That reminds me of this article, Null References: The Billion Dollar Mistake:
Tony Hoare introduced Null references in ALGOL W back in 1965 “simply because it was so easy to implement”, says Mr. Hoare. He talks about that decision considering it “my billion-dollar mistake”.Compounding this problem is Ruby's current lack of real keyword arguments (although, I know they're coming). Hence, if you pass a keyword argument like f(:foo => 1), and then try to use the keyword argument in the function like options[:foooo], the misspelling will result in a nil as if the argument hadn't been passed. This masks a real problem. All of these have resulted in real bugs in my code and lots of frustration.
It doesn't have to be this way. In Python, if you try to look up something in a dict that doesn't exist, you get a KeyError exception. If you try to use an attribute that doesn't exist, you get an AttributeError exception. If you misspell a keyword argument, you get a TypeError exception. Exceptions are nice because they catch the problem right away instead of allowing it to fester. In Ruby, if I get a nil that I'm not expecting, I might not find out that there's a problem until much, much later in a different part of the code when I try to call a method on the nil thinking it's a real object.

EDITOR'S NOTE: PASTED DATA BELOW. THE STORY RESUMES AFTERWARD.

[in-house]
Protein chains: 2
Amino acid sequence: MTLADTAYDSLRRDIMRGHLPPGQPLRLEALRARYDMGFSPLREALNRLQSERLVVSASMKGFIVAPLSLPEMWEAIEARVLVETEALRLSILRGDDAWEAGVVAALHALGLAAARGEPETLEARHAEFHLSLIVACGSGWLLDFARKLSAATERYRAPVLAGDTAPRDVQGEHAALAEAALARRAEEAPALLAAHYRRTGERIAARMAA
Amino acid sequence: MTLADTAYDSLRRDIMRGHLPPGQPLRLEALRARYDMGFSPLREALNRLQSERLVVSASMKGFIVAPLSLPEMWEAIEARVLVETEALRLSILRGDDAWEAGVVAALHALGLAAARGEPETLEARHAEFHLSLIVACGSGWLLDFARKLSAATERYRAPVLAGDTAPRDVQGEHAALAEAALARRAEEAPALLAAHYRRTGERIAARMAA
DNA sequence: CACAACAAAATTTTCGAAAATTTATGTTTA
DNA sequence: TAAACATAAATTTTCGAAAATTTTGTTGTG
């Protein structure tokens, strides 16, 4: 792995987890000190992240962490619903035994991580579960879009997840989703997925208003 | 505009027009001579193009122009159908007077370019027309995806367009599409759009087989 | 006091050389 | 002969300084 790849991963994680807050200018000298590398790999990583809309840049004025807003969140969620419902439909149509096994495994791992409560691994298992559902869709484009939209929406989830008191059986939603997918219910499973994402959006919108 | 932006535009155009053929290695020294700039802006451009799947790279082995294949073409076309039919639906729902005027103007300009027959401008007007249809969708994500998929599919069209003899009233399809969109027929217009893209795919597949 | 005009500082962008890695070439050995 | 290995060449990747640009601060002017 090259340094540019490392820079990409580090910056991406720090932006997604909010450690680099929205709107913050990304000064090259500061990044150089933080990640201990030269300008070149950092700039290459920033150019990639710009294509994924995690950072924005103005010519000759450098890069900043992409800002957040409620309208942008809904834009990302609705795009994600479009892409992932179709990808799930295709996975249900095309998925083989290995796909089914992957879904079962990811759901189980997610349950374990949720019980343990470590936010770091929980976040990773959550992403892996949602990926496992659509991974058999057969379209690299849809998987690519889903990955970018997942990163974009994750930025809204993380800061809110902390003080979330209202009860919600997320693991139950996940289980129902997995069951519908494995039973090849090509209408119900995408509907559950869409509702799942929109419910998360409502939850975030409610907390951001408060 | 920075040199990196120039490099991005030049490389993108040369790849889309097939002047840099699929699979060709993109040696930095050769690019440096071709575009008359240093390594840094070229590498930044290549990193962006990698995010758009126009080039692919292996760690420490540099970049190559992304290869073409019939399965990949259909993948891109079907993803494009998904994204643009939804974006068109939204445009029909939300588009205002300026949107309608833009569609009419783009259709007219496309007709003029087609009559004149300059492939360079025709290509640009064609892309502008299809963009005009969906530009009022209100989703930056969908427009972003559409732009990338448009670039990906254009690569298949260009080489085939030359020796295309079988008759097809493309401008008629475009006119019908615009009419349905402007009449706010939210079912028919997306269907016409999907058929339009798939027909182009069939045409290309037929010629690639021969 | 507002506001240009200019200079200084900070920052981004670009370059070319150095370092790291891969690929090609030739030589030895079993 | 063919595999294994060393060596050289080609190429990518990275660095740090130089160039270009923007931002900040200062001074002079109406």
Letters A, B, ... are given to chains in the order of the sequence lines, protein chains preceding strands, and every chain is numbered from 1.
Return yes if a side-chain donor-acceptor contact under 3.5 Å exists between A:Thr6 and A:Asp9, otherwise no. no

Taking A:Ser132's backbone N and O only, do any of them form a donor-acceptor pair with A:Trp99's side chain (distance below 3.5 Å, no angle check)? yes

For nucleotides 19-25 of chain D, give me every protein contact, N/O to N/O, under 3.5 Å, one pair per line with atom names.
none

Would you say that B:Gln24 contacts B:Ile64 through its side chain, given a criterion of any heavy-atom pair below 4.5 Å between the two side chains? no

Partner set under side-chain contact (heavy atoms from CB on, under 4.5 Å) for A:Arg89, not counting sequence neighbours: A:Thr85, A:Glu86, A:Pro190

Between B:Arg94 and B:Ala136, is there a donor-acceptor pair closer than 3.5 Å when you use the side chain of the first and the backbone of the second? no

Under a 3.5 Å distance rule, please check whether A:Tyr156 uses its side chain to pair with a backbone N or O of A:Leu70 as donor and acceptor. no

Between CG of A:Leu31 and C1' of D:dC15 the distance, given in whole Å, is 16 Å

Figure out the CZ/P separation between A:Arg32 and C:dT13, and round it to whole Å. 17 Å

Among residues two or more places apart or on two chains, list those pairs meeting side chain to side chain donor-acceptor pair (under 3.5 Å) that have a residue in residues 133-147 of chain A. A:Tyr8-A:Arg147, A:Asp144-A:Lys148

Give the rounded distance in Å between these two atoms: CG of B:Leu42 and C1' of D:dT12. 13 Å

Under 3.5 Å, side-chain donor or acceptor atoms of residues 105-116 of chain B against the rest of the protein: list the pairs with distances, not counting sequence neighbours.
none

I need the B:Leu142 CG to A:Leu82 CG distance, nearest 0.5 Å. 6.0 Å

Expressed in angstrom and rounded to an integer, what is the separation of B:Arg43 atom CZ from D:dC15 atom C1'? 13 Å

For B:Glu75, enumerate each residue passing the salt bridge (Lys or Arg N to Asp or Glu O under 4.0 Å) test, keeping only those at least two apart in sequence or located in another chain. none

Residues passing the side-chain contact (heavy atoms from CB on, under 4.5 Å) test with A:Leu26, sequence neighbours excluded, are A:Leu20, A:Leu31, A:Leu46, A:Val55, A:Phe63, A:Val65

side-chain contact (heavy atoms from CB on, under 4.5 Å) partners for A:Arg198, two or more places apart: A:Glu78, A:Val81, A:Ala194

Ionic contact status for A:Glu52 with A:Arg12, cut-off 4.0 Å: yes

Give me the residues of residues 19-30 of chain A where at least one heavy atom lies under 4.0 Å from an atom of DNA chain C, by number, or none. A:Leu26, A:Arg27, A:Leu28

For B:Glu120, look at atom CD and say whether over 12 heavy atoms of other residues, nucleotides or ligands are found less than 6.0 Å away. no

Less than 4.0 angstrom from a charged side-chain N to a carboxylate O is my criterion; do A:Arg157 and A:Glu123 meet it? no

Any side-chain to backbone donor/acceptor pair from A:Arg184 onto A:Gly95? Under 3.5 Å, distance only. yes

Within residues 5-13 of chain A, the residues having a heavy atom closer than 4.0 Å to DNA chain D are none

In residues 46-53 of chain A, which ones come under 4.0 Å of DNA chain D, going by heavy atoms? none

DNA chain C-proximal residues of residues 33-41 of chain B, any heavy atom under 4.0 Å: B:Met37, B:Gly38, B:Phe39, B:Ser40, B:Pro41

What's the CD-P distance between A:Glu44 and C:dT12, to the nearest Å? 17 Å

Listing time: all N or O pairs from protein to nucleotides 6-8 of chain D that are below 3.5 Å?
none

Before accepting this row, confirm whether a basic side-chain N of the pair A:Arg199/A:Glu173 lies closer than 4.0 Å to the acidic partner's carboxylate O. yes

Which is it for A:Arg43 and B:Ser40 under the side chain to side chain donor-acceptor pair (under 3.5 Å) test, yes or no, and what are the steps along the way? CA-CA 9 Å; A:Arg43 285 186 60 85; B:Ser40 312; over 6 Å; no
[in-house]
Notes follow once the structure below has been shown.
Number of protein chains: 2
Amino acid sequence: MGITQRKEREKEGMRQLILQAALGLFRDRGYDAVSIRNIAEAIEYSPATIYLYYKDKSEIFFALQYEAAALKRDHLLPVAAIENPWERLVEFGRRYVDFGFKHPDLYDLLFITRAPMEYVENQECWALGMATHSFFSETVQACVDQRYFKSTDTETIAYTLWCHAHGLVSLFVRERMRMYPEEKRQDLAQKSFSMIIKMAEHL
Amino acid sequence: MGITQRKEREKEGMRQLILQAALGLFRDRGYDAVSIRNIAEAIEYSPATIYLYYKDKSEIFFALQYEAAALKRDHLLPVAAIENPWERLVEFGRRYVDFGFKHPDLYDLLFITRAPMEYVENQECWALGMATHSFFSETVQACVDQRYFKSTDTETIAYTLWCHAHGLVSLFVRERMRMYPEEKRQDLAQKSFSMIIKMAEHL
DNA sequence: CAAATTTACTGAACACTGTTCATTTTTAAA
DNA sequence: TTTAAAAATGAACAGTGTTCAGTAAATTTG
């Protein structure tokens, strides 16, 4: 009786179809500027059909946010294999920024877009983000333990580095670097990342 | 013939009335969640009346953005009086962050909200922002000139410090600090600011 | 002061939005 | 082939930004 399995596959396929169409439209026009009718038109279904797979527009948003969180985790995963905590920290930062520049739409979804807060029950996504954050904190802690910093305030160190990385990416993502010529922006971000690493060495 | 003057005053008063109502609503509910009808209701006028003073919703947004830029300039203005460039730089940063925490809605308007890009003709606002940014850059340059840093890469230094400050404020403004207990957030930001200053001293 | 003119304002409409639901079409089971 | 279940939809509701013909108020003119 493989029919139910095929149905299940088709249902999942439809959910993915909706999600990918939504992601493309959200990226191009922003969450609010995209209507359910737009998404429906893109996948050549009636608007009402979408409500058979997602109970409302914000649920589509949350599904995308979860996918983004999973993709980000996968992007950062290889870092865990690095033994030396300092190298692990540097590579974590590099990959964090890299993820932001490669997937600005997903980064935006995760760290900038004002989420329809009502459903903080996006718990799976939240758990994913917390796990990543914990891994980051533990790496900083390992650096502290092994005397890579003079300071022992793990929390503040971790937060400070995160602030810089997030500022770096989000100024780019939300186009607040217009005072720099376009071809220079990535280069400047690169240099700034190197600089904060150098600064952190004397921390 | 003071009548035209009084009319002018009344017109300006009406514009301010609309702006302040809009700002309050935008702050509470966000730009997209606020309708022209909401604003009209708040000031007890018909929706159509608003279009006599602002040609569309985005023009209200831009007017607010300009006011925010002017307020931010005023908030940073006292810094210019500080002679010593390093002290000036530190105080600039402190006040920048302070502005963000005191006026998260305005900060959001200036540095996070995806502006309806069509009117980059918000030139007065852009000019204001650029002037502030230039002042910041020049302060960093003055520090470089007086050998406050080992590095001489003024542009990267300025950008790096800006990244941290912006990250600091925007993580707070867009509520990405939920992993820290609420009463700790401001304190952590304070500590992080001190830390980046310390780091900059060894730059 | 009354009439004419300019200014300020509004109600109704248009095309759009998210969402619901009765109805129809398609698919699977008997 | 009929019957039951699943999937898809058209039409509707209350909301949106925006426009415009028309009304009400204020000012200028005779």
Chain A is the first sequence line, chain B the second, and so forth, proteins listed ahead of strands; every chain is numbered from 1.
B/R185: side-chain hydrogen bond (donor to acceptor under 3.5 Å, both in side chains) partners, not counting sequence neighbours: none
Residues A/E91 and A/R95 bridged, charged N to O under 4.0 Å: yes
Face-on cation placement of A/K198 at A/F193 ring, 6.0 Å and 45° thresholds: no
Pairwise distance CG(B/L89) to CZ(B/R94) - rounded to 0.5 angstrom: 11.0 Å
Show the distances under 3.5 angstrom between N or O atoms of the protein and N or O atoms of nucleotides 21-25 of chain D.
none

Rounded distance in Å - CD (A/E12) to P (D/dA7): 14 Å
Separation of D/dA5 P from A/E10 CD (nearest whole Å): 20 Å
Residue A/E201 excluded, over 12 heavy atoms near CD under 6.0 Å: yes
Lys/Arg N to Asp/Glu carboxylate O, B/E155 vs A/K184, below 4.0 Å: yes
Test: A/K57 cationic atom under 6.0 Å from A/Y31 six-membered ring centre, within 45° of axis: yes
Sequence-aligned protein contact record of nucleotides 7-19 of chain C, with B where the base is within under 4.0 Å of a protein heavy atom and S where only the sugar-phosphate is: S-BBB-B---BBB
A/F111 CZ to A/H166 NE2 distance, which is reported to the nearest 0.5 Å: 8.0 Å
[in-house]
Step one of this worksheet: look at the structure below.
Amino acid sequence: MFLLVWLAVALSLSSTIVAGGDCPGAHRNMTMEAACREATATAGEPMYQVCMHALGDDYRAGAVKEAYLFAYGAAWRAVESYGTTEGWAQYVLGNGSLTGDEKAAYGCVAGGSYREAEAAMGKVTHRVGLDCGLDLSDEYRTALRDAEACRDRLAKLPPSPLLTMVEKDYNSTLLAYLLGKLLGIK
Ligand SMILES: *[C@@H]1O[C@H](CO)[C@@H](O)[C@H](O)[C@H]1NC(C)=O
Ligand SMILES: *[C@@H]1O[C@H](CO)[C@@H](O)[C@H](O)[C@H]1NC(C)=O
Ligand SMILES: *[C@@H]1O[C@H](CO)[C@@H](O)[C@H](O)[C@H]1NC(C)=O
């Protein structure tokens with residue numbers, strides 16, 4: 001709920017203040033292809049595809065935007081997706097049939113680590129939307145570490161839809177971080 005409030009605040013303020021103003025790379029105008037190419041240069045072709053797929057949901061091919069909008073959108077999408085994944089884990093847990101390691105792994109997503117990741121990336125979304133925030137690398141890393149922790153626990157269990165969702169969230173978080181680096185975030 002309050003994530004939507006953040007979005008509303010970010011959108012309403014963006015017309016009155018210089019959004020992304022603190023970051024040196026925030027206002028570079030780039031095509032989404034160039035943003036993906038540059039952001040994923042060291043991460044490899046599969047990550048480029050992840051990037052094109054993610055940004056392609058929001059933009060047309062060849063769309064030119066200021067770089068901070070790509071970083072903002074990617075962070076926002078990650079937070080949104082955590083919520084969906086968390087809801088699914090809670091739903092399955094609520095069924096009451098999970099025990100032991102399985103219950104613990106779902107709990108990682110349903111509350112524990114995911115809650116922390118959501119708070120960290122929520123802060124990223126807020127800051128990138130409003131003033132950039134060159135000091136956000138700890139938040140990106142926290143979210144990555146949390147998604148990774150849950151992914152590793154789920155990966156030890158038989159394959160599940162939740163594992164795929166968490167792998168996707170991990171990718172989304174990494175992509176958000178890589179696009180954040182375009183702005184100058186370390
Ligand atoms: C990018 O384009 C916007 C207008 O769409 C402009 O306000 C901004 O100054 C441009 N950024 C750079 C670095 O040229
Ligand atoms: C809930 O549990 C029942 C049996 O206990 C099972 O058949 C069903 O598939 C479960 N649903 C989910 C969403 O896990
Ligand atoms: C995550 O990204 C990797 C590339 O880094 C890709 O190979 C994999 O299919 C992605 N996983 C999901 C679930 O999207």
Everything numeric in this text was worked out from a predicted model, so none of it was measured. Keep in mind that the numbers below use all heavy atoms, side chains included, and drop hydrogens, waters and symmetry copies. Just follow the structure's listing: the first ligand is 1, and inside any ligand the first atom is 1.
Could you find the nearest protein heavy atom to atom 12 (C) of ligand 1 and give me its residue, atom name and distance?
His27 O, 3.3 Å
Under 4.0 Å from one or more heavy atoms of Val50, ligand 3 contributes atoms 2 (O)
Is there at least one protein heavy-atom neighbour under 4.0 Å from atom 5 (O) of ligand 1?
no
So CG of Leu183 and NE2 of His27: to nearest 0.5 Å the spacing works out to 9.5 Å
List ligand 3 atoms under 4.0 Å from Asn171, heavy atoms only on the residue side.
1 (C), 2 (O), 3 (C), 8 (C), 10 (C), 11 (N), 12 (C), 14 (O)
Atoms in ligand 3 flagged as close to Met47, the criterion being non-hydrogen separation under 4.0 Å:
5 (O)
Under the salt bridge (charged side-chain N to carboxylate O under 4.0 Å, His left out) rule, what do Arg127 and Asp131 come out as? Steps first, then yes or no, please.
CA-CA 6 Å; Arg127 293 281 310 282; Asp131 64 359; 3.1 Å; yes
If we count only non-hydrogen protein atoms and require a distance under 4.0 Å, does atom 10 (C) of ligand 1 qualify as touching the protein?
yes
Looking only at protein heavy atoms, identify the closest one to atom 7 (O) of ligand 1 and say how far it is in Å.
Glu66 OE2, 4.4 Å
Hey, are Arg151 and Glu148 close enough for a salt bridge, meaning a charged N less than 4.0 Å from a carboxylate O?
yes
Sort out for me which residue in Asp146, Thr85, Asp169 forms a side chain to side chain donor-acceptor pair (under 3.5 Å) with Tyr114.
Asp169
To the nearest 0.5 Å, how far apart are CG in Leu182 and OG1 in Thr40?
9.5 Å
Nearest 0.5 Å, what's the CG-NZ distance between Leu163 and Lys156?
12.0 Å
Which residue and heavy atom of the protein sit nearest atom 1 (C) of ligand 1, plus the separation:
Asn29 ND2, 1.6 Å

Since I'm on the subject of hashes, I think I should mention that Haskell and Scala take a different approach. If you look up something in Scala that may not exist, it returns an Option instance. An Option instance may or may not contain a real value. (Similarly, Haskell uses the Maybe monad.) You have to do work to get the value out of the Option instance, and the type system will catch you if you just blindly assume that there's always something in the Option instance. This is one case where the ML type system can help you avoid a whole class of bugs.